Stranded Tourists Launch Cross-Africa Rush to Reach Cruise Ship

They were left stranded with no credit cards, medications, or other essentials.

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Eight unlucky tourists were forced to add some unexpected stops to their vacation when a Norwegian Cruise Lines (NCL) ship marooned them off the west coast of Africa, turning their dream getaway into a travel nightmare.

The group—which included a pregnant woman, four elderly people, and one person with a heart condition—was stranded on São Tomé and Príncipe without any credit cards or medication. They had failed to make it back to the Norwegian Dawn by its 3 p.m. departure time on Wednesday, and said the cruise ship refused to answer their calls for help as they crossed international borders and tried to catch up with it.

“We’ve never had anything like this happen before,” Jill Campbell, one of the passengers, told WRAL.

The Dawn was still docked when the passengers arrived after the cutoff time, Campbell and her husband, Jay, told U.S. media outlets. But to their dismay, cruise personnel refused to let the group aboard and ignored their calls.

“The harbor master tried to call the ship, the captain refused the call,” Jay Campbell told ABC 4 News. He described a frustrating conversation with NCL’s customer service that sent him in circles trying to get in touch with someone.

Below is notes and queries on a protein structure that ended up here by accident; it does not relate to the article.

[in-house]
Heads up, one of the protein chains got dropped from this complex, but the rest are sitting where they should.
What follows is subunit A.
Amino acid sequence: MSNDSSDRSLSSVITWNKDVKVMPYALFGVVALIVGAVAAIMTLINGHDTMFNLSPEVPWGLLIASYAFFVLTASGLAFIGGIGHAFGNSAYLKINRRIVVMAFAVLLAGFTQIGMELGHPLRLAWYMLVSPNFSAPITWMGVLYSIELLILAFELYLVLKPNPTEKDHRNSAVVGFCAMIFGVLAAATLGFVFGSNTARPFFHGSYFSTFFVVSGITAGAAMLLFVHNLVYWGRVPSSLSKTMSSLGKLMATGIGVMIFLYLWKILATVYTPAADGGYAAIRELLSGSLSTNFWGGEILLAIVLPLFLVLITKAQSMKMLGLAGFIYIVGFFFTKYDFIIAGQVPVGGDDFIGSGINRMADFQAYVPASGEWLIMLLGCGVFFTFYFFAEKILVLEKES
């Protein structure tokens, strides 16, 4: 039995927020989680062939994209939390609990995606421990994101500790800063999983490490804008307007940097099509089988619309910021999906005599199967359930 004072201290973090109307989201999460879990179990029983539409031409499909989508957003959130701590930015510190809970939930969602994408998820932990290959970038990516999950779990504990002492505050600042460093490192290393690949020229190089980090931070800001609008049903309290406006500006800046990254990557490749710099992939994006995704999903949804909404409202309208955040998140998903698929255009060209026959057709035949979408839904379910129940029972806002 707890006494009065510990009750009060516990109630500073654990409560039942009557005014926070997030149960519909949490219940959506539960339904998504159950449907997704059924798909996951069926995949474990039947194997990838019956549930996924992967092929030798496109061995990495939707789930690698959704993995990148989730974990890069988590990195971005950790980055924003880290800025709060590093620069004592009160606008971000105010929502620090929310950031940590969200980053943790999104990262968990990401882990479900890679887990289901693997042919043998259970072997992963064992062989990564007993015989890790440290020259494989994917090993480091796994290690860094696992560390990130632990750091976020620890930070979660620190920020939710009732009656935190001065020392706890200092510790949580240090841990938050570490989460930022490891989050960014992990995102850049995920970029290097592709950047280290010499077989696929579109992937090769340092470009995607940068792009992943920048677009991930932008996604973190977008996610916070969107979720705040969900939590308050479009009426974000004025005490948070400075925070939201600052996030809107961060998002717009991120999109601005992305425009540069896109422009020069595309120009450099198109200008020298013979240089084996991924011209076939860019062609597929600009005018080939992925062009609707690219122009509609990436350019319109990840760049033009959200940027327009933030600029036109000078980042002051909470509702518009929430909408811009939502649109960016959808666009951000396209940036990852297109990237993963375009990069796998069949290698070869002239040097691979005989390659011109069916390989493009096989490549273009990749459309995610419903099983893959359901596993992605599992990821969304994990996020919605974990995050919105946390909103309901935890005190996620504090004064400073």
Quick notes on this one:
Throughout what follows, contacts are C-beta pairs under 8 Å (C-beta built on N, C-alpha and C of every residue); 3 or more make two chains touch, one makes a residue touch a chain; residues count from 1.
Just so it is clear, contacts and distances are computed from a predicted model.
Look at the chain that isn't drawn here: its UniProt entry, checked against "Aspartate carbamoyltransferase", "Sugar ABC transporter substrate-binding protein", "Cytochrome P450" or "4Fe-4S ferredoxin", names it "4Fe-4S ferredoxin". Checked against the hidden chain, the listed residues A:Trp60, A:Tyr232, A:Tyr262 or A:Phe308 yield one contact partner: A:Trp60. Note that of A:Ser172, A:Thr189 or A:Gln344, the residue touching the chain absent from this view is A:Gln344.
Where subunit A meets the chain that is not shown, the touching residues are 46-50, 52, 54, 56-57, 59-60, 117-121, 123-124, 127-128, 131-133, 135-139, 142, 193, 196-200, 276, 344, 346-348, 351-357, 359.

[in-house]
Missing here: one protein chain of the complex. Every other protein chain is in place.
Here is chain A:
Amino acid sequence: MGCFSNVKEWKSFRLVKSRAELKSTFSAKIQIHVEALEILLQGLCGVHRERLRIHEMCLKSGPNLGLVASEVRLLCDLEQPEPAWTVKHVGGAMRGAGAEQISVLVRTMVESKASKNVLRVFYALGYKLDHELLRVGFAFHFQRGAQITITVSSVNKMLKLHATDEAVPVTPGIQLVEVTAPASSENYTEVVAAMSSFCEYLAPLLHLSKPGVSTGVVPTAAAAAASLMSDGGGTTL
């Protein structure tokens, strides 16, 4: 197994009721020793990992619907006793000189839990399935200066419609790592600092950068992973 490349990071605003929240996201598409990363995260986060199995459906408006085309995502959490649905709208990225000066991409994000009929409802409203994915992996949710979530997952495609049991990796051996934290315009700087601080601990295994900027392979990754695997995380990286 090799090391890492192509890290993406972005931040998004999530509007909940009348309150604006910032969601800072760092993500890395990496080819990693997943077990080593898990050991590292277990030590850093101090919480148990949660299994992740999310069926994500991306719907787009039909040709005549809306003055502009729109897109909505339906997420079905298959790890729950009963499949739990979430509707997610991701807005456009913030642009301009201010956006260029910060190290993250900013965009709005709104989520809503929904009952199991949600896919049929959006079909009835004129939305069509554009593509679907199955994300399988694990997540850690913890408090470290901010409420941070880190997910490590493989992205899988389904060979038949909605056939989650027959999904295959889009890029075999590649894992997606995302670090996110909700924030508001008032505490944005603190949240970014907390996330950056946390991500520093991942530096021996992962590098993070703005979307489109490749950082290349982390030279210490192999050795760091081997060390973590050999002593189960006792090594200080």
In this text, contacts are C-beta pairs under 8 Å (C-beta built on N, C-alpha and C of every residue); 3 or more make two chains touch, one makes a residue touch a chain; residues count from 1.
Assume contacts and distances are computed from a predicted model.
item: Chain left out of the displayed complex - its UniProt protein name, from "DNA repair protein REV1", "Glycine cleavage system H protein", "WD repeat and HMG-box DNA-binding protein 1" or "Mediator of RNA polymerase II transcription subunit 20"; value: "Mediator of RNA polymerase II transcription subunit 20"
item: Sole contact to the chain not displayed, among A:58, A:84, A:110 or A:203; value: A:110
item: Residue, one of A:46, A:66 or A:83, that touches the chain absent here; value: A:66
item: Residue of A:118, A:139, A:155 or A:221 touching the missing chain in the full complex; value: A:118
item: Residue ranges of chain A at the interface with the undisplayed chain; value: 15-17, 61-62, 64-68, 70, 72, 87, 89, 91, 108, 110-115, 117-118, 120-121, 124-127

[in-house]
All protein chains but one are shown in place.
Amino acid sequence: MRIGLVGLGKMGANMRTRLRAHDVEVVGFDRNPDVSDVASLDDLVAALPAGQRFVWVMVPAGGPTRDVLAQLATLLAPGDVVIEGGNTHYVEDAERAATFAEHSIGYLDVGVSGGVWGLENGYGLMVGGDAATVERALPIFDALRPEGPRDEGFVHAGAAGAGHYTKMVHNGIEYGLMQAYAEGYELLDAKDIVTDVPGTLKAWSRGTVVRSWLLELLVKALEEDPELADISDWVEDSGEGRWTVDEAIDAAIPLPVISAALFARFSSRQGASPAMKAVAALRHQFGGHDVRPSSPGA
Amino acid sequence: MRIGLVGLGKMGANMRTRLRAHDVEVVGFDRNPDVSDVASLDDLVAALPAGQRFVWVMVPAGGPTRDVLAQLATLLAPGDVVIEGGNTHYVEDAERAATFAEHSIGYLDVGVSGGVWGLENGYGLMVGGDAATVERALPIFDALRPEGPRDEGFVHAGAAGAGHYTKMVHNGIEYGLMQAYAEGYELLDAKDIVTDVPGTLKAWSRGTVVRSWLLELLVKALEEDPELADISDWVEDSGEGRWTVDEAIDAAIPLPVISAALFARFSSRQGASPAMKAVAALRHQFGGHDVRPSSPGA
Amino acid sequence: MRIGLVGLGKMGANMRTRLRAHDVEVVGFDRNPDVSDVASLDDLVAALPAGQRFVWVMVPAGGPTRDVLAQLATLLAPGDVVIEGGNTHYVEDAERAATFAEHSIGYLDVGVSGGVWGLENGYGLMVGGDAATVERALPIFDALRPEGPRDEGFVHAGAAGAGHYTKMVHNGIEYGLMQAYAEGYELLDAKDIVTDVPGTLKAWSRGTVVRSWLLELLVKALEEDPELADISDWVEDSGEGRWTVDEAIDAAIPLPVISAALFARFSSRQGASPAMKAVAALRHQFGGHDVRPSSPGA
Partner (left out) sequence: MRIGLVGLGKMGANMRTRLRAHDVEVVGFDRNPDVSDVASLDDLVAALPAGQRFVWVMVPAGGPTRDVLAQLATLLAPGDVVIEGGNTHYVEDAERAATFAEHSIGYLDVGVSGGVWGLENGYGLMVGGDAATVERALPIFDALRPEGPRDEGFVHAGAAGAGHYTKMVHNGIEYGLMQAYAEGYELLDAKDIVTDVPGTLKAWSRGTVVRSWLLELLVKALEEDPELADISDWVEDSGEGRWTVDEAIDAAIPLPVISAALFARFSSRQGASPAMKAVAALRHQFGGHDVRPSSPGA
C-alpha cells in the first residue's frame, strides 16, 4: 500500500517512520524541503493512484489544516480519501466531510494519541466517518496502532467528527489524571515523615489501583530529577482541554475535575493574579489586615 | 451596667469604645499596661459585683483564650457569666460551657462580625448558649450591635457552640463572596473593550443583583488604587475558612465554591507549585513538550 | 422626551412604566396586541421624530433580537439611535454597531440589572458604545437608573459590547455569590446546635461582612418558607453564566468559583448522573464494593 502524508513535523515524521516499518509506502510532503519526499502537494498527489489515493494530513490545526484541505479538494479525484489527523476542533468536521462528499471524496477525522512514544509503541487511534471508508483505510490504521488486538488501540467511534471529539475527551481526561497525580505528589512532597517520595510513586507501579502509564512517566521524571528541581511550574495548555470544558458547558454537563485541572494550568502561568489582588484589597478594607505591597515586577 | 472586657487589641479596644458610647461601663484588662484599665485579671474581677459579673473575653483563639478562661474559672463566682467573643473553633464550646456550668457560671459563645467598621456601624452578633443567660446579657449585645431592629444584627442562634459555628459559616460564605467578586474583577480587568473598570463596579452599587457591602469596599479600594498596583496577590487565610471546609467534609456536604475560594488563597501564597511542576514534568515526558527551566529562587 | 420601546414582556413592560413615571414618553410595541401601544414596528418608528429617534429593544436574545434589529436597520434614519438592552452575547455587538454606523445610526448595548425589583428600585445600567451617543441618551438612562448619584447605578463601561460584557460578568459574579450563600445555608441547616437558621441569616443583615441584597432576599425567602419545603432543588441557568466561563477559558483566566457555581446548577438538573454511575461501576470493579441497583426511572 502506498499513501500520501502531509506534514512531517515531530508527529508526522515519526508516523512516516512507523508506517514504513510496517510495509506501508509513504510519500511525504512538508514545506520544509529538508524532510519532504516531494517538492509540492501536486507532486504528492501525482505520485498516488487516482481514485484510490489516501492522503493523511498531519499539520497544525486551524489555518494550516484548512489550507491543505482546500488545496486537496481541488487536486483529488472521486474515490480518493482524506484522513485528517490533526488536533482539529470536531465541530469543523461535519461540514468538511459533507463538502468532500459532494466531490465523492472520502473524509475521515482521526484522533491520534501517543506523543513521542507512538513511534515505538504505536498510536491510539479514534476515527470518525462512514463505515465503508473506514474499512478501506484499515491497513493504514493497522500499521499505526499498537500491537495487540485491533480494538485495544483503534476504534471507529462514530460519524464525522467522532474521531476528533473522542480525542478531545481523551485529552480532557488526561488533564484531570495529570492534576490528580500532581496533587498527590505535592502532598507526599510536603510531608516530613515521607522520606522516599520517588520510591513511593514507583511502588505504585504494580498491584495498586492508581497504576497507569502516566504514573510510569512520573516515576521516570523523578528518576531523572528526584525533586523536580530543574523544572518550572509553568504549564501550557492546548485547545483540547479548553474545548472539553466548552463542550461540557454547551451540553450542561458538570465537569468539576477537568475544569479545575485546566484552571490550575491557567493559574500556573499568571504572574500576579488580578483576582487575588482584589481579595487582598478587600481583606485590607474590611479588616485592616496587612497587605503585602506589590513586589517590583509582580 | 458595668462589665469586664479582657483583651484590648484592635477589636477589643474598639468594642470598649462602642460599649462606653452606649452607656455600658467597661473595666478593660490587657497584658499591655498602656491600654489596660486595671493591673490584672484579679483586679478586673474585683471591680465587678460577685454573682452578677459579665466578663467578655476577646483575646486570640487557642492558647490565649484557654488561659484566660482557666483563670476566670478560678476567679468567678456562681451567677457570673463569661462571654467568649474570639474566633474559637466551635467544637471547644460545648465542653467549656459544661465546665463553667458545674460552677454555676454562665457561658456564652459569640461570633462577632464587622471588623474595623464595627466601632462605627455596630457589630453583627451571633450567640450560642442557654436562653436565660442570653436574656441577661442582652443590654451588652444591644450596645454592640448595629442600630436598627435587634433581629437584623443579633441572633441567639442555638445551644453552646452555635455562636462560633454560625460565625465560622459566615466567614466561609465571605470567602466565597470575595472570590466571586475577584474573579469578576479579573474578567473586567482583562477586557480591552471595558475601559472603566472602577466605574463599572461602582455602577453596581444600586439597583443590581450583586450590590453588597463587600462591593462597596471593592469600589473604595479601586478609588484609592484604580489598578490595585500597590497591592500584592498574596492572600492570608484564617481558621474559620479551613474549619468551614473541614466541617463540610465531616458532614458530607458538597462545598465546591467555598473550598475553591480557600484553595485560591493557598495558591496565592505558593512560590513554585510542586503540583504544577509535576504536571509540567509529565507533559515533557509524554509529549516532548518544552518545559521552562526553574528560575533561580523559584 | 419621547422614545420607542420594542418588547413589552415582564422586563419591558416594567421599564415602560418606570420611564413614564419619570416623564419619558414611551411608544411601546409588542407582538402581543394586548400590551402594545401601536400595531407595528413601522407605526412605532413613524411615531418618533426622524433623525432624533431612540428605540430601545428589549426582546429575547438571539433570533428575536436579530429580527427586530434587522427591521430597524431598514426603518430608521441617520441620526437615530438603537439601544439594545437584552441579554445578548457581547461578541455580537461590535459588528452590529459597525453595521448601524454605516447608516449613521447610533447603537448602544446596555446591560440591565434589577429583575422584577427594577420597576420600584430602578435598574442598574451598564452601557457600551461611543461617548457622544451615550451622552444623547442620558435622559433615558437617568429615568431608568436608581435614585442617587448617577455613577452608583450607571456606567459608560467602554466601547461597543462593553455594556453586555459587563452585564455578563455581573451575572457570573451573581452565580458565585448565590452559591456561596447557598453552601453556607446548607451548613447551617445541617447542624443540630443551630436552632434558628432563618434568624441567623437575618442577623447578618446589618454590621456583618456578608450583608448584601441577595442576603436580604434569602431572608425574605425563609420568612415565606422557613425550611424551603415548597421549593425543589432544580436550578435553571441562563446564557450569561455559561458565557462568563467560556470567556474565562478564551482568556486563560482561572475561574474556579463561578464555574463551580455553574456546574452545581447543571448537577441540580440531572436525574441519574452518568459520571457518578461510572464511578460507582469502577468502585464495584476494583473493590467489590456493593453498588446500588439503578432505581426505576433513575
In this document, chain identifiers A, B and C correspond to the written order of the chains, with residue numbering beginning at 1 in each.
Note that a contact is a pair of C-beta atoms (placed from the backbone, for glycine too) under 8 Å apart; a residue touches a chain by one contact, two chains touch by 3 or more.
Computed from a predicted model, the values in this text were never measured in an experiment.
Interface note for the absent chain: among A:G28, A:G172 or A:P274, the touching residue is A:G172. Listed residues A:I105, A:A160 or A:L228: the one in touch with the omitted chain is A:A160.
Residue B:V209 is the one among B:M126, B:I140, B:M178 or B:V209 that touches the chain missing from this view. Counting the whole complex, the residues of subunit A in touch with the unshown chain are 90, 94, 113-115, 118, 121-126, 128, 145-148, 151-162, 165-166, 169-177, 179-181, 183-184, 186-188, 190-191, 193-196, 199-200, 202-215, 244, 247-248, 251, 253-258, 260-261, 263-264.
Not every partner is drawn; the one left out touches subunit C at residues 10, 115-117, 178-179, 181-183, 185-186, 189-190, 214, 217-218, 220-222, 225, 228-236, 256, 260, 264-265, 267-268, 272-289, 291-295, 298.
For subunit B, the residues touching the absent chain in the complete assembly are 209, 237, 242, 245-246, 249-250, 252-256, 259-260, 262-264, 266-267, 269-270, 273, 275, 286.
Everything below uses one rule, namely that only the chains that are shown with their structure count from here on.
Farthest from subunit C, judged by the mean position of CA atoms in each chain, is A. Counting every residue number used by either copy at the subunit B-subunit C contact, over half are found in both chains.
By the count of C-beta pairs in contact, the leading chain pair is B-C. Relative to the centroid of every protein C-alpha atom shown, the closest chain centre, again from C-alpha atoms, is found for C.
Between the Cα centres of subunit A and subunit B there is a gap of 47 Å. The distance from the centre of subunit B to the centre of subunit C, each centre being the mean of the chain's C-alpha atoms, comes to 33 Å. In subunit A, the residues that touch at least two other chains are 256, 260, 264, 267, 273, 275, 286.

“We sent emails to NCL, the NCL customer service emergency number, they said ‘Well, the only way for us to get in touch with the ship is to send them emails, they’re not responding to our emails,'” Campbell said.

They were transported to the cruise ship by speedboat, an endeavor facilitated by the island’s coast guard. Despite that, they were once again denied entry, according to Campbell. The cruise staff returned their passports to the dock, but retained all credit cards, medications, and other essentials left on the ship.

Upon returning to the island, the party bumped into another stranded cruise passenger – an 80-year-old lady who had been left with nothing after getting hospitalised and then being left behind by the ship. Thankfully, the group arranged for the elderly female a trip back to the U.S. Meanwhile, the rest of the group tried to figure out a way to reconnect with the ship by reaching out to the U.S. embassy in neighboring Angola.

On Sunday, the travellers head to The Gambia with a plan to intercept the Norwegian Dawn at the port. However, their plan fell through as the ship did not dock at The Gambia due to low tide. Consequently, the ship travelled to the nearby Senegal, providing the passengers with another opportunity to catch it.

Norwegian Cruise Line evaluated this situation as “regrettable,” but placed the responsibility on the passengers for failing to meet the departure time.

“Guests are responsible for ensuring they return to the ship at the published time,” they said in a statement, adding that the departure time was “communicated broadly” all over the vessel. “Guests are responsible for any necessary travel costs to rejoin the ship at the next available port of call.”

The cruise line also said it had been coordinating with “local authorities” to understand what the guests would need if they were to rejoin the ship, and that it was “in communication with the guests.”

That statement is at odds with what the Campbells told American media. As of Sunday, they said they had not heard back from the cruise line.

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